Ariel Eru


Detroit, MI

ARIEL :  “ I don’t know if I should say you remember Border’s Books? When I was fourteen I used to shoplift from them a ton…all kinds of books, all kinds of CDs, anything under the sun, I would steal all the media…I guess it doesn’t matter now since they aren’t in business anymore.


I think it was the 1997 hardcover Fruits Magazine, you know Harajuku street fashion; I remember thinking wow, these girls, they’re so beautiful, they’re not conventional, they’re taking commonplace objects and repurposing them in a way that is so genius. I was inspired by Japanese culture in general; their views on morality and uniformity within society, all of it. That’s how the fashion part came into play for me.


I’m the type of individual who is distinguished even if I don’t say anything because I dress outlandishly sometimes. I get respect that way. I look a little different and this shows people that you can create anything, present it and receive positive feedback. I think anyone can do whatever they choose, it's just a matter of collaging yourself and your ideas and fusing it into one thing. I think the amount of space is boundless, there’s no capacity.


I’m Native, but when I was a kid my family went to Catholic church. At that time my mother was commenting on how I was wearing so many rings and how I couldn’t wear them anymore and this is around the same time I started growing facial hair. I knew in this one moment, when I was twelve, that there wasn’t a God because I couldn’t express my identity and theocracy is bullshit.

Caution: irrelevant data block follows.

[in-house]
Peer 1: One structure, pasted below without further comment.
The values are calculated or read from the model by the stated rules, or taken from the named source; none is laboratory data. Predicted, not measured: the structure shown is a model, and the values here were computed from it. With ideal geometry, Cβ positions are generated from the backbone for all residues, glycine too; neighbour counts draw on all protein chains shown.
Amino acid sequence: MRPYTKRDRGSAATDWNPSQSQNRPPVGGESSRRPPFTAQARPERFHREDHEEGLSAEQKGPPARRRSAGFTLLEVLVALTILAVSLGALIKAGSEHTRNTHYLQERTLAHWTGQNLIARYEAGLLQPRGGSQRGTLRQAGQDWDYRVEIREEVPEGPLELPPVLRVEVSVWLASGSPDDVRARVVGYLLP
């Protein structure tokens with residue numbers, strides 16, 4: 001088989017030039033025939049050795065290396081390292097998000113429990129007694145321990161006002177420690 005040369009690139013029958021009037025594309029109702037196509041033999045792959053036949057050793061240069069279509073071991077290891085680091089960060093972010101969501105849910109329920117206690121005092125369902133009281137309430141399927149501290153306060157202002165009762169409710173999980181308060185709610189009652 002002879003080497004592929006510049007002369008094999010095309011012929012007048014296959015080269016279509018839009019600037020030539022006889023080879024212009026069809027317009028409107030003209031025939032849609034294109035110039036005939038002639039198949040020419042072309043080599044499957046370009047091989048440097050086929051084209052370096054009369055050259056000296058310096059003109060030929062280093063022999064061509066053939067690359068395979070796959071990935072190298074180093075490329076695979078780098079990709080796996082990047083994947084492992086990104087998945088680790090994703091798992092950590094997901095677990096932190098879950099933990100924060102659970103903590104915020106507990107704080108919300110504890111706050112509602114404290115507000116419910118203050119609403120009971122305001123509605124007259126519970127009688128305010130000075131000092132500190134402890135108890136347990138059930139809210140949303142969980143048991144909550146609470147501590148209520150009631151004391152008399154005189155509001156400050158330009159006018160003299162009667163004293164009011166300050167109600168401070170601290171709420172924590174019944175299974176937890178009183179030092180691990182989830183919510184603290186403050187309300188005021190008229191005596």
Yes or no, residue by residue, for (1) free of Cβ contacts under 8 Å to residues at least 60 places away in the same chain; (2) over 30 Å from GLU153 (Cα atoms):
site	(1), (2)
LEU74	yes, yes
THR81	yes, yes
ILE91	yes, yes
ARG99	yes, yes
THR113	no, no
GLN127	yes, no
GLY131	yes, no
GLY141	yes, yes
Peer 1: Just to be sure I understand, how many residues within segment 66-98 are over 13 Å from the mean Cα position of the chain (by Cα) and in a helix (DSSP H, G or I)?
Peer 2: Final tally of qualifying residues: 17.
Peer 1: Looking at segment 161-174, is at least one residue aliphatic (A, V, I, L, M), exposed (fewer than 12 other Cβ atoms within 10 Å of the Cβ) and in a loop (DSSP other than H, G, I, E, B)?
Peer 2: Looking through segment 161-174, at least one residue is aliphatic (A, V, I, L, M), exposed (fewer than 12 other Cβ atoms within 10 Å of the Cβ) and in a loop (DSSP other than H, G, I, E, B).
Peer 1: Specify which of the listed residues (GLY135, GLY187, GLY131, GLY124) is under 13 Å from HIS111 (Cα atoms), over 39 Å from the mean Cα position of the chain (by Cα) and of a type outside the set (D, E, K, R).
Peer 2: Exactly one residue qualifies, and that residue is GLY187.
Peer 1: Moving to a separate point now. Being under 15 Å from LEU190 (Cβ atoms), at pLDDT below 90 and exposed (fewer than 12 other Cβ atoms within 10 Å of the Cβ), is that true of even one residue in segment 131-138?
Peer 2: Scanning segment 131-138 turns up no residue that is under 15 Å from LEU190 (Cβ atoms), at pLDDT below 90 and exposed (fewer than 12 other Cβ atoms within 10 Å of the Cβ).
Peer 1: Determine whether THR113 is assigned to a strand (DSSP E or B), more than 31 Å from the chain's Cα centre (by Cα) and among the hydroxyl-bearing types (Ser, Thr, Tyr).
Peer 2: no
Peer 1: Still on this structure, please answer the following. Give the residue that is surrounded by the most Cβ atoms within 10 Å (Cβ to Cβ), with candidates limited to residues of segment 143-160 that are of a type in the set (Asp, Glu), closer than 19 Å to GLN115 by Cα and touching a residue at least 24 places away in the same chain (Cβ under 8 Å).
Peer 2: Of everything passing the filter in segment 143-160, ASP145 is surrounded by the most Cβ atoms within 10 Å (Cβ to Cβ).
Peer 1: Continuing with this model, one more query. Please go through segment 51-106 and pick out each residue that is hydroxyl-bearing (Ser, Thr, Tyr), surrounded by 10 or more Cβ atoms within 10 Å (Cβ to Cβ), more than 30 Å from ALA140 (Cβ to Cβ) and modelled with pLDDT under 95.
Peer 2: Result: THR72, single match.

Um, so I started creating art and that was a way for me to try and transcend my physical form and address the suffering from not being connected with one conception of your body…fast forward to nineteen years old and I started making visuals for different parties of a certain circuit.


I was always interested in disco culture so I started making these visuals with provocative imagery and psychedelic images…and that was the way I started empowering myself with what I was dealt at birth.


My pieces are my response to not being able to get the surgeries I want, immediately, or they are empowering myself to transform other people’s bizarre behavior towards me into something that is more productive than self-loathing.

I can create my own reality and inspire others to do the same.

It's kind of self-therapy. ”